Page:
Beijing has issued a three-day emergency pollution alert, warning residents to keep outdoor activities to a minimum and ordering some industries to limit production.
The Chinese capital issued its first ever orange alert – the second most severe ranking out of four in a recently introduced pollution monitoring plan – on Thursday.
The move followed the detection of the particulate matter PM2.5 at a concentration of 237 micrograms per cubic metre – nine times the levels recommended as being safe by the World Health Organisation (WHO) – near Tiananmen Square.
Residents have been asked to use public transport where possible, while barbeques and fireworks have been prohibited. Roads will also be frequently sprayed and construction sites must attempt to control dust levels using sprinklers.
Despite this, the Chinese government has faced criticism over the use of the new four colour warning system.
Earlier this month, PM 2.5 levels exceeding 500 micrograms per cubic metre were detected in the capital, yet the authorities only issued the mildest, blue-level alert.
In January, the second-mildest yellow alert was issued when PM2.5 levels reached 671 – 26 times the WHO’s recommended level.
If the most severe red warning was issued, the authorities say they have emergency plans to pull half of all the 5m cars in the city off the road. However, observers have questioned if the government would be willing to cause such disruption.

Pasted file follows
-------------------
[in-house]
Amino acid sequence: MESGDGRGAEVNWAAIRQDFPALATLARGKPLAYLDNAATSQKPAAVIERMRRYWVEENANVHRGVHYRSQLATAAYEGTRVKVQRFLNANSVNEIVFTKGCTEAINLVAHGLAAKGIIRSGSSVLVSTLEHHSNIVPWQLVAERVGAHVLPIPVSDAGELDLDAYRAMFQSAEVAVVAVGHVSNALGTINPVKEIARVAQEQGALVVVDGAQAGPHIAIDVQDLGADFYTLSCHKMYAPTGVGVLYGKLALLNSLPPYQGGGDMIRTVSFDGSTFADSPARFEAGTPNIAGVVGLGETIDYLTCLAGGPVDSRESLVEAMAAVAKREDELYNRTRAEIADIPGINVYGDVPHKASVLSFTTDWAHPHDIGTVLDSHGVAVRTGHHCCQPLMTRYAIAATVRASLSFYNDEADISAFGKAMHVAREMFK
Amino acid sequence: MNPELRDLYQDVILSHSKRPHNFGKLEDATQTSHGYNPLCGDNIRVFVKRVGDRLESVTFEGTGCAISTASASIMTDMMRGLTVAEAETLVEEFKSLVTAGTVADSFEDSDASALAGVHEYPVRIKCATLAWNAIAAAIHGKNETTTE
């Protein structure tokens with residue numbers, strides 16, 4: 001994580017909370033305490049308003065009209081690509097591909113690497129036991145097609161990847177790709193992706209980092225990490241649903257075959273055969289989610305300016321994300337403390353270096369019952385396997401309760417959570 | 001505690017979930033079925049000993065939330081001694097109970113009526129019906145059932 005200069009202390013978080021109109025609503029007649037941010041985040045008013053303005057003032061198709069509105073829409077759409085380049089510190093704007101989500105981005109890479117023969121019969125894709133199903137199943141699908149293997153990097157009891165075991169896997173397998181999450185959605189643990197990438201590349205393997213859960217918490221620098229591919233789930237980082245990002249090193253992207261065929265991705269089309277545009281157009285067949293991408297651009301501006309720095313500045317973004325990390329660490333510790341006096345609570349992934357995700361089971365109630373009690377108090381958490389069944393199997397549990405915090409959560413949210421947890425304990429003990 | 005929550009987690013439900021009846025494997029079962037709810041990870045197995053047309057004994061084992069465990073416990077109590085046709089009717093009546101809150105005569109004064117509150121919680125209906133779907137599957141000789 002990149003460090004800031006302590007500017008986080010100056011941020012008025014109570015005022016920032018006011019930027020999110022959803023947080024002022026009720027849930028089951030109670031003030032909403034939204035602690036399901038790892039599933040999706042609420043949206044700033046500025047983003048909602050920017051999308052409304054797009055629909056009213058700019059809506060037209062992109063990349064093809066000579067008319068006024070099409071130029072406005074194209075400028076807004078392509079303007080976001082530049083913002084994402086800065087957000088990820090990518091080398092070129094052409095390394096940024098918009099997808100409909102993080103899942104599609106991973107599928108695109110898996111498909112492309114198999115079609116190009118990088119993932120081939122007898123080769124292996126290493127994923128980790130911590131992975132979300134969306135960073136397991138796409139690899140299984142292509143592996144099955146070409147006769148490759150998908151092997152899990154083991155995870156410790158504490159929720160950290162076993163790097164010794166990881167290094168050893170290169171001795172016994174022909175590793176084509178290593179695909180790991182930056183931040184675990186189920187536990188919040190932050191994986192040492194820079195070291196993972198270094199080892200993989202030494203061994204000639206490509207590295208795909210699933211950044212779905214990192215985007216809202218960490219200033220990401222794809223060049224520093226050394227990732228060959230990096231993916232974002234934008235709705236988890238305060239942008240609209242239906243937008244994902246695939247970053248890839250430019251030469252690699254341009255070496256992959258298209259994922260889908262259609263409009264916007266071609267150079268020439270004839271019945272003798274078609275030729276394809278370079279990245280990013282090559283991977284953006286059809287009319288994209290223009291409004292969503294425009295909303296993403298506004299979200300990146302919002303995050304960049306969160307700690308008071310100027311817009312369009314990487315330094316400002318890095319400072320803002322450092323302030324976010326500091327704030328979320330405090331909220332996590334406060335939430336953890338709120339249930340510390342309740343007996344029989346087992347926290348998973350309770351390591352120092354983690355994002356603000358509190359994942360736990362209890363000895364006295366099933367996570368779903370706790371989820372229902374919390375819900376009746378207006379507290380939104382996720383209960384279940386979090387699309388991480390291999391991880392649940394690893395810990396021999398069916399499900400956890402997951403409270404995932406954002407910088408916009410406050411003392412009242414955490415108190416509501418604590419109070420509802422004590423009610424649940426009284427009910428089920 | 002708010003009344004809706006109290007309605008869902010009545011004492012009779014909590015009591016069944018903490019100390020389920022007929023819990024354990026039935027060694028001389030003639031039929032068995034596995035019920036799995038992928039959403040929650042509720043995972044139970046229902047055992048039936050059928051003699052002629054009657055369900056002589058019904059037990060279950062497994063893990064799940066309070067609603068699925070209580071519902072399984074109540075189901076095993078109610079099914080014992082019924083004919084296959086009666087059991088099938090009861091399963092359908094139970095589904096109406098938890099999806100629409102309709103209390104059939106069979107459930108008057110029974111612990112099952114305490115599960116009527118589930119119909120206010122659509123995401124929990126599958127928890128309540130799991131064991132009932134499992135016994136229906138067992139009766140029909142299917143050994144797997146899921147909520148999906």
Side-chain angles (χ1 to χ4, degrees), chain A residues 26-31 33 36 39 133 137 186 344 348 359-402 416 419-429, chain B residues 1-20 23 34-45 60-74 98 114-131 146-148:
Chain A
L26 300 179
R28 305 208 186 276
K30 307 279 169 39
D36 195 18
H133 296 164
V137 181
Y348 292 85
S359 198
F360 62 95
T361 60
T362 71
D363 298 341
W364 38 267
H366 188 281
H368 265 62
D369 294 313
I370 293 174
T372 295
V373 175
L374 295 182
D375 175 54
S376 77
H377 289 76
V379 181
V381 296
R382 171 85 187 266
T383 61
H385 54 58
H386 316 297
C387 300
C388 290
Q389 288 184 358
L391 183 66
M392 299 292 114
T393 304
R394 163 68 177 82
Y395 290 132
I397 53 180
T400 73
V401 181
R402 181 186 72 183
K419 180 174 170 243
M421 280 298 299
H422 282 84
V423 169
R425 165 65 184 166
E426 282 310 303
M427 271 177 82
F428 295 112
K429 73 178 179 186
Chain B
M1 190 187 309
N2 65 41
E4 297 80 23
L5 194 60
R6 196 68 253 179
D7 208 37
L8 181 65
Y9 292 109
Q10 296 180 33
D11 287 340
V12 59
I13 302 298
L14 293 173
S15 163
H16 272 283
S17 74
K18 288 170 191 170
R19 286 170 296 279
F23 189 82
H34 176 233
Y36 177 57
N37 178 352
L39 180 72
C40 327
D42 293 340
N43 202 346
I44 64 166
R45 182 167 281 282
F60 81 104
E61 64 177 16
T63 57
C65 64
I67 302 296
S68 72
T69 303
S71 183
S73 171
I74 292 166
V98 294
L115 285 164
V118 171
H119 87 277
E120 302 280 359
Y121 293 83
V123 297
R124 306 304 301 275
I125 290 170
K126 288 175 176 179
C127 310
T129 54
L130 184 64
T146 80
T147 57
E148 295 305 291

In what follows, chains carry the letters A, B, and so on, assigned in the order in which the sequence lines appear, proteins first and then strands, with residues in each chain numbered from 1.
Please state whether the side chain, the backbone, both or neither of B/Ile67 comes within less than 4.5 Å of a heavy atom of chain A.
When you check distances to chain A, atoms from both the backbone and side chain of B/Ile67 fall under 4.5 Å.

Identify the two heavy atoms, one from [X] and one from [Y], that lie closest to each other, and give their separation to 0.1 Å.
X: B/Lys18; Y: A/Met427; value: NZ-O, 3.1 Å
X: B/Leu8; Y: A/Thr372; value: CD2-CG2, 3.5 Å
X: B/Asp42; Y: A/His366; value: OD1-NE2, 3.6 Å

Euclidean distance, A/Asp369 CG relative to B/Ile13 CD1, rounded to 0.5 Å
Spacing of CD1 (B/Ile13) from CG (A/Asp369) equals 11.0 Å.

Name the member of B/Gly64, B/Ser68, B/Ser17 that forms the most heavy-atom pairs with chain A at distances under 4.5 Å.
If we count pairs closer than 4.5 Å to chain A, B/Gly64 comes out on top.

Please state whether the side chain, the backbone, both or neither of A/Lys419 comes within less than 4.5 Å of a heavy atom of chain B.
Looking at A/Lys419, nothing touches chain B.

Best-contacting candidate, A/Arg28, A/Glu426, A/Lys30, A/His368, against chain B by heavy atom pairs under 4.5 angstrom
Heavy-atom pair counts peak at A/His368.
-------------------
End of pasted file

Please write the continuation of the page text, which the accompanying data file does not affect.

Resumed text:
“When the alert is at a low level, the measures are not effective, but those for the high-level alert are not feasible,” Ma Jun, of the non-governmental Institute of Public and Environmental Affairs in Beijing, told the Associated Press.
“The government is reluctant to raise the alert level.”
China’s former health minister Chen Zhu recently estimated that the country’s air pollution – the fourth biggest killer in Beijing – accounts for up to 500,000 premature deaths each year.
In response to the crisis, the government has set up a $1.65 billion (£990m) fund offering rewards to companies that clean up their operations. It has also embarked on the world’s largest ever renewable energy drive, with plans to double the number of wind turbines it uses to generate electricity over the next six years.
A WWF report published this week estimated that China could generate 80% of its electricity from renewable sources by 2050.